Benson and Moorehead: Springing Forward

 "I just saw a zombie shooting heroin."

Two years ago Aaron Benson and Justin Moorehead made the highly ambiguous and ambitious low budget film RESOLUTION. At, I championed the film with a glowing review and it also made its way into the 13 MIND BLOWING HORROR MOVIES OF 2013 as an honorable mention. For their first film, they tackled themes of friendship, drug abuse, the haunting re-occurrence of history, and indecipherable endings. Resolution, at its heart is a drama about two childhood friends. Without the horror, Benson and Moorehead would have created a great indie buddy film. With their second feature, they continue this concept. The horror of SPRING is secondary to the budding relationship of the story.

I was provided the opportunity to see SPRING at the Telluride Horror Show last October. In all of my research leading up to the festival, I overlooked the fact that it was the same directors behind RESOLUTION. It was a rookie mistake, but when I saw their names pop up in the credits I was even more excited than before. Prior to that screening there wasn't much in the way of reviews, criticisms, or word-of-mouth. I had no expectations going into the film. It was the last screening after a twelve hour day of horror and it still held a captive audience.
From its premiere at TIFF until now, Benson and Moorehead have had a very successful six months. The title of their film is not only ridden with metaphors throughout the story, but is also reflected in the lives of its creators. In the film, the death of Evan's (Lou Taylor Pucci) mother and a bar brawl become the impetus to a trip to Italy. The slow death of both his parents has left him stuck within his own purgatory. By fleeing to Europe, he seeks change and a new beginning. Evan is a flower crippled by the many winters of his life. His journey of self-discovery begins his new season. Benson and Moorehead have also found a restorative metamorphosis through the distribution juggernaut that is Alamo Drafthouse. I collect every title Drafthouse releases, they are quickly becoming the Criterion of independent cinema. By finding distribution through Drafthouse, the creators of SPRING have blossomed.

Lou Taylor Pucci, who proved himself as a young actor in the indie scene back in 2005 with the back-to-back release of Thumbsucker and The Chumscrubber, is no stranger to horror films. Though I'm not too keen on the remake craze, he was great in Evil Dead (2013). In Spring, Pucci handles himself with a soaring grace. Pucci's Evan is a character in conflict. Though the grief of being without a family hits him hard, there is also a guilt-stricken freedom he's never been afforded before. He starts a new chapter of his life by travelling. What begins as a debaucherous adventure to soak his mourning in alcohol, eventually becomes a longing for companionship. This is when Louise (Nadia Hilker) enters his life. Louise is a beautiful and brilliant scientist who has traveled the world, knows countless languages, and somehow is seduced by the broken Evan. At this point we begin to ask ourselves about the horror. Louise has a mystery to her that feels ominous as does the atmosphere of the film. While the cinematography utilizes every aspect of this picture-esque fishing village, it also infuses extreme close-ups of battling insects and decaying animal carcasses. The score emphasizes a foreboding by amplifying sounds of the insect kingdom to a point of distortion. We truly feel the horror way before any is shown to us.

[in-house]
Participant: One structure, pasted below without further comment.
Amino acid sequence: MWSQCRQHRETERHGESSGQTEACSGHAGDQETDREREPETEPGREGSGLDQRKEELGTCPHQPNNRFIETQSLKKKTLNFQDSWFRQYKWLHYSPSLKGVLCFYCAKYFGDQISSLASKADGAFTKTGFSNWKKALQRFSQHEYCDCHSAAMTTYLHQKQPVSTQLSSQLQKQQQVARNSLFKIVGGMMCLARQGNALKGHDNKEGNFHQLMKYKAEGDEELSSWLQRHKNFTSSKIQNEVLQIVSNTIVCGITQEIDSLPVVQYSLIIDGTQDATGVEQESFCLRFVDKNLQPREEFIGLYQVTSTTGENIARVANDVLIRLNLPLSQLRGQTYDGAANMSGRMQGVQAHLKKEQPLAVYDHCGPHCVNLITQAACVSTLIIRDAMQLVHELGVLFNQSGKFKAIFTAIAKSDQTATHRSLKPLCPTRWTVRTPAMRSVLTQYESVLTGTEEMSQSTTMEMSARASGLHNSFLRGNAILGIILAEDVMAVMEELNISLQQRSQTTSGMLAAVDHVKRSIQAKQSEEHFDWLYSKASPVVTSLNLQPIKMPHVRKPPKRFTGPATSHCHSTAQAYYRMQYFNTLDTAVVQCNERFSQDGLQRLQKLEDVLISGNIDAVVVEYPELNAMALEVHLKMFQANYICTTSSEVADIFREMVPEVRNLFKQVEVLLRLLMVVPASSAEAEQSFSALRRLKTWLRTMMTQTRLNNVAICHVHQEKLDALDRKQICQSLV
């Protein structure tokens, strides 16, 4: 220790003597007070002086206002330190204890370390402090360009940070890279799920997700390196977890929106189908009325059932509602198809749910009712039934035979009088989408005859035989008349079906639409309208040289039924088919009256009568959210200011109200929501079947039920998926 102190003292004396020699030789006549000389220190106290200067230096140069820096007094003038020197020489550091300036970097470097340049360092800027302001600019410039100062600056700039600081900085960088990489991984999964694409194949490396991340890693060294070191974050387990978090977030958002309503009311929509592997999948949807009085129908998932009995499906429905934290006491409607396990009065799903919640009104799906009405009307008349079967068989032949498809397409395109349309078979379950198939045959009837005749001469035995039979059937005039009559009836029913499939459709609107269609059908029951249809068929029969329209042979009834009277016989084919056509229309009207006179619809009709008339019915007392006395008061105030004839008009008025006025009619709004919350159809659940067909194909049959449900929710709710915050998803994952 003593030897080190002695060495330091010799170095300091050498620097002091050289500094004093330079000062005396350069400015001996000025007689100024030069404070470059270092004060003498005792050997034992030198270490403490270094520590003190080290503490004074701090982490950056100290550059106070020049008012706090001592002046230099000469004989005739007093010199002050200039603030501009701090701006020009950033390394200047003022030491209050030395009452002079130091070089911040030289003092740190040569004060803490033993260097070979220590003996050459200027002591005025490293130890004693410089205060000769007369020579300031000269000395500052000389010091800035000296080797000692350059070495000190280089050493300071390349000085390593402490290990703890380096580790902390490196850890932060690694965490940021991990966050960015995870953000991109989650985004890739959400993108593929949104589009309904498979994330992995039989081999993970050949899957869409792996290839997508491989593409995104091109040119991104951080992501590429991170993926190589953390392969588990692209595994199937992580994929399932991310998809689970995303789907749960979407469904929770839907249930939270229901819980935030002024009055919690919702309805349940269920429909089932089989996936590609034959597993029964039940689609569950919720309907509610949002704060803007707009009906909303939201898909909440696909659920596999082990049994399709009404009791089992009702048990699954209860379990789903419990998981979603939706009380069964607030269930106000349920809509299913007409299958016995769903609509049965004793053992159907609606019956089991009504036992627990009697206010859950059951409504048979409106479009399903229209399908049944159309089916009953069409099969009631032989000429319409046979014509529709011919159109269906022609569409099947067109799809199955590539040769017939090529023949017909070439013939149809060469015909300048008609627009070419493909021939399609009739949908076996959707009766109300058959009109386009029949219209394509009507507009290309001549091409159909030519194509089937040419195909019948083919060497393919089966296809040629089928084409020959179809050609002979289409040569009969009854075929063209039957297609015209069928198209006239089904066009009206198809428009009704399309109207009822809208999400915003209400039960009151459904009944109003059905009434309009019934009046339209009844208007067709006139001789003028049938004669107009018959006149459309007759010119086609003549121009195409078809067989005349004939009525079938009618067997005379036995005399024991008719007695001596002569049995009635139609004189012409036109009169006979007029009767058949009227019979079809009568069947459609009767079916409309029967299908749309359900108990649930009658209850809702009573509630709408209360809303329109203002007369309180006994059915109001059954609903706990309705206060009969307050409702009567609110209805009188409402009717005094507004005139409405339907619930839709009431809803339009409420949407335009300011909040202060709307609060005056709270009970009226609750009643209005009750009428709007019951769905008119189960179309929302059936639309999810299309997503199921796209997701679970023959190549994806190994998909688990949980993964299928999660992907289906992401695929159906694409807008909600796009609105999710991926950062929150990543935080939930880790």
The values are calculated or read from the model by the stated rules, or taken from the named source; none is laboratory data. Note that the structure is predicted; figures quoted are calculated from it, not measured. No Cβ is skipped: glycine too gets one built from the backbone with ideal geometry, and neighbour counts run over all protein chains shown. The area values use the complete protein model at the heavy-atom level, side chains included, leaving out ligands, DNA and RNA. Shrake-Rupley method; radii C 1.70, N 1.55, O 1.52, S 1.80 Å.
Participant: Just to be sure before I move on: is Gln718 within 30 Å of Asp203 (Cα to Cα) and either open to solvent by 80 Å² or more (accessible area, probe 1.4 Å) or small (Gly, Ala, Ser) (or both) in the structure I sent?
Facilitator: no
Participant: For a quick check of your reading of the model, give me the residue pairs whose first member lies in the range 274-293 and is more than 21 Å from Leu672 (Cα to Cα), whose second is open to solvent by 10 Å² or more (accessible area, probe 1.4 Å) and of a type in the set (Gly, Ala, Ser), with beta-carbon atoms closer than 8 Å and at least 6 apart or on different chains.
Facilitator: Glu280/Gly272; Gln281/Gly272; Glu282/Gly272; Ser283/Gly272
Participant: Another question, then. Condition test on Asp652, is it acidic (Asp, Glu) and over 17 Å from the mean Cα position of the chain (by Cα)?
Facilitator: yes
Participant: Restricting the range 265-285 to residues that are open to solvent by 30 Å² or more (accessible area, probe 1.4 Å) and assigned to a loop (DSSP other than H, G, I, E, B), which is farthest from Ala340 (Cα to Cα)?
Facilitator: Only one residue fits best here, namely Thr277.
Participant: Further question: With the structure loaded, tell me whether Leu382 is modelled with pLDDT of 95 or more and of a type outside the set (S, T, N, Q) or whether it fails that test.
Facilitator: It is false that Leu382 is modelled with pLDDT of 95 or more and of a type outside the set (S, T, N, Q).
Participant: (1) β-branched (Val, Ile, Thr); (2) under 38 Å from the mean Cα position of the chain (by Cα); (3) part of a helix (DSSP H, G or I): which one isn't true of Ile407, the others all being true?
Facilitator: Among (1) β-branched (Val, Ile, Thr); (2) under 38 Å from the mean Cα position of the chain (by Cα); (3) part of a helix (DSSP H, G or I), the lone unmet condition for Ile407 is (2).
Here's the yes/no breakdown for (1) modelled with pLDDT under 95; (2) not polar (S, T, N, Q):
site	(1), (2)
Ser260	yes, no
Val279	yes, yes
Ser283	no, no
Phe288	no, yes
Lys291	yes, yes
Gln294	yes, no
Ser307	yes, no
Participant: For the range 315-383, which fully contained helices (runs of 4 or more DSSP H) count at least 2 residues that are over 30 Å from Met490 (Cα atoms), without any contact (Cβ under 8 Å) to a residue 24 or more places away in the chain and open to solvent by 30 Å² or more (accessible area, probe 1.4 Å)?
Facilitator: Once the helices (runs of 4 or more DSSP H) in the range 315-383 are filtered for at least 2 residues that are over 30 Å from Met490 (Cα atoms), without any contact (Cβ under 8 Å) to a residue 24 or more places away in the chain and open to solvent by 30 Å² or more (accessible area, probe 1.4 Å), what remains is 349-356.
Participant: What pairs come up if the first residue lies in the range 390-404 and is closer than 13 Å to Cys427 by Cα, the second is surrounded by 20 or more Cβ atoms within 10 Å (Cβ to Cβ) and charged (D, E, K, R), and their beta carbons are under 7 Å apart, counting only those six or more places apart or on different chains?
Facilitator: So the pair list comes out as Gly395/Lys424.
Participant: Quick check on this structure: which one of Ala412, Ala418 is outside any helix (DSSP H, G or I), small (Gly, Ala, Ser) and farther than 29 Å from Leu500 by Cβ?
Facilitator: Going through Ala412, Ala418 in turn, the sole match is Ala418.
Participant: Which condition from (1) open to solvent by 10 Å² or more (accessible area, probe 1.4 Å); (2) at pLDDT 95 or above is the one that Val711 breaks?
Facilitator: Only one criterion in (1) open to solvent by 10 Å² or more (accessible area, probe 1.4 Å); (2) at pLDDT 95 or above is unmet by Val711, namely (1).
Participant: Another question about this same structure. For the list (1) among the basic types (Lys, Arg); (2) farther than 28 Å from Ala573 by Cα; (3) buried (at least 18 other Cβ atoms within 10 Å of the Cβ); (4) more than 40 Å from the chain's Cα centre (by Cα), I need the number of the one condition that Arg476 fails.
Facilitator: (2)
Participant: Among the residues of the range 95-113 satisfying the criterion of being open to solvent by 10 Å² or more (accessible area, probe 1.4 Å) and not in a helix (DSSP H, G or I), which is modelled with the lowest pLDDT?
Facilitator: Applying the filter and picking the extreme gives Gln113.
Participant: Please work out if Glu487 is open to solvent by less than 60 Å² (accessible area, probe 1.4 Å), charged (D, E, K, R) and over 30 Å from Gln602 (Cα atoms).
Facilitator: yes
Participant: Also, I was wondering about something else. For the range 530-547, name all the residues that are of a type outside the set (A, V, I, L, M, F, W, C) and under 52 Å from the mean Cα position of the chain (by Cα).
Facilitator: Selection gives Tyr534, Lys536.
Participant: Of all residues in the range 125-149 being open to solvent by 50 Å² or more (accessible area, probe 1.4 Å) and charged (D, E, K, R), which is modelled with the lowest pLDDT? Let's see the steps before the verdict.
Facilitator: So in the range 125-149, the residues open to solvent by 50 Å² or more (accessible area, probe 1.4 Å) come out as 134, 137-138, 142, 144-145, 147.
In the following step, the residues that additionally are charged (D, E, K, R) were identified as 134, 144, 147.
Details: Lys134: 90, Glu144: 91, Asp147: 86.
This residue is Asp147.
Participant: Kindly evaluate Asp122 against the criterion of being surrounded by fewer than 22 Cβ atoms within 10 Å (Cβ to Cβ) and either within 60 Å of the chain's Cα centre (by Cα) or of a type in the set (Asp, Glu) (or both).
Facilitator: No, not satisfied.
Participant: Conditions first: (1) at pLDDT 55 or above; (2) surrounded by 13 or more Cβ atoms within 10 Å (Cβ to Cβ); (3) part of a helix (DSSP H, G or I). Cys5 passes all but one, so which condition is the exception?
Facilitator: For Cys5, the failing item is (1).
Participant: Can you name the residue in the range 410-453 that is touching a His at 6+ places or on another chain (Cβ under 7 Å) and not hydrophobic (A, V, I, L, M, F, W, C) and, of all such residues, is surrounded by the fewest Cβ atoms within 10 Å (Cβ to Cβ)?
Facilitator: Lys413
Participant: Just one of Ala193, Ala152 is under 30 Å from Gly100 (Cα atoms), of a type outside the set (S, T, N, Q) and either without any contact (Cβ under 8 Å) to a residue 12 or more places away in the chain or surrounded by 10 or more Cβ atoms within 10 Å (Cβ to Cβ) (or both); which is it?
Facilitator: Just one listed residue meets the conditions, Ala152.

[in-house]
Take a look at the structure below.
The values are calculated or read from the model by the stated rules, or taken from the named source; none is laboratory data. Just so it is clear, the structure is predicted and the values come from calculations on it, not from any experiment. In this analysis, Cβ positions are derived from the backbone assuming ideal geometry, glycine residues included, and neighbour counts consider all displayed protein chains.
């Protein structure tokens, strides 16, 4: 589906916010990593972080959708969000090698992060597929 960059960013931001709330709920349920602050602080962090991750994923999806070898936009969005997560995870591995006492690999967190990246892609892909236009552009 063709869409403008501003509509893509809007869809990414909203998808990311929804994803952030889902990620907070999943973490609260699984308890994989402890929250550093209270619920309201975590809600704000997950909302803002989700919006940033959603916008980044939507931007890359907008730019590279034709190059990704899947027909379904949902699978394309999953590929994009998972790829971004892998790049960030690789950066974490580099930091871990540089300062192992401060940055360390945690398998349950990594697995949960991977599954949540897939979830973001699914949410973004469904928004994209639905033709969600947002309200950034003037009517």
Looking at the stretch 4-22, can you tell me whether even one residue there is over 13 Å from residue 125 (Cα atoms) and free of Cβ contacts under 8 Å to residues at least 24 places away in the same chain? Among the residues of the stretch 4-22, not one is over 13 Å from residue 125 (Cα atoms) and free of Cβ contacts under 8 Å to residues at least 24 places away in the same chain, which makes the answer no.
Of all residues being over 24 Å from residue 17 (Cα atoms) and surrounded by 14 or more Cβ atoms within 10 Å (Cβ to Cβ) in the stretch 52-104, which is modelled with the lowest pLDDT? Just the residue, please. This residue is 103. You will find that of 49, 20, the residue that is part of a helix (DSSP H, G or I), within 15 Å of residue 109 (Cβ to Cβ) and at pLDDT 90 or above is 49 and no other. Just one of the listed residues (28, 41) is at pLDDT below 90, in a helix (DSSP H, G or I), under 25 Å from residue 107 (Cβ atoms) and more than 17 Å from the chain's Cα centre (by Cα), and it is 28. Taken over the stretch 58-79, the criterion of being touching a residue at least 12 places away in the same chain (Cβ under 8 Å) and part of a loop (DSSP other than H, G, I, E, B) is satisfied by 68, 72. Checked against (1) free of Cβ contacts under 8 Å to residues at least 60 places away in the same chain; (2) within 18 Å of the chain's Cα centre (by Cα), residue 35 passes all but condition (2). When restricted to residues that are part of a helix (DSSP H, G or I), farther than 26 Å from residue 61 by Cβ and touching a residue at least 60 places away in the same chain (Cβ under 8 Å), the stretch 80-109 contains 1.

SPRING moves from being an homage to Richard Linklater's Before trilogy into the realm of H.P. Lovecraft during its final act. Some will disagree with any mention of 'the ancient ones' in regards to this film, but who else are we to credit with transformative creatures that defy category? The love story that blooms in Spring is not normal by rom-com or rom-dram standards, there is an obvious reason for this and one more subtle. Evan and Louise are not lovers like Noah and Alice or even Romeo and Juliet, they form a bond out of necessity. Evan has been caring for others most of his adult life, while Louise has been running away from others. When Evan's life becomes a meaningless void he seeks to fill it with someone to care for. Louise has never known full acceptance until meeting Evan. He becomes the first person she can disclose anything to without judgement or fear. This is not a love often seen on celluloid. Moments after the film's conclusion we wonder what will become of their relationship. It provides us a similar feeling as The Graduate did in 1967.

The creature effects fit perfectly within the story. Though the monstrous images stand out, they do not detract from the love story being told. Benson and Moorehead have struck gold again. By not falling victim to the repetitive nature of horror tropes they have solidified themselves as new and innovative voices in genre-bending cinema. If they continue this course of treating the horror in their material as secondary to the story, I see a long career of thought provoking indie films in their future.



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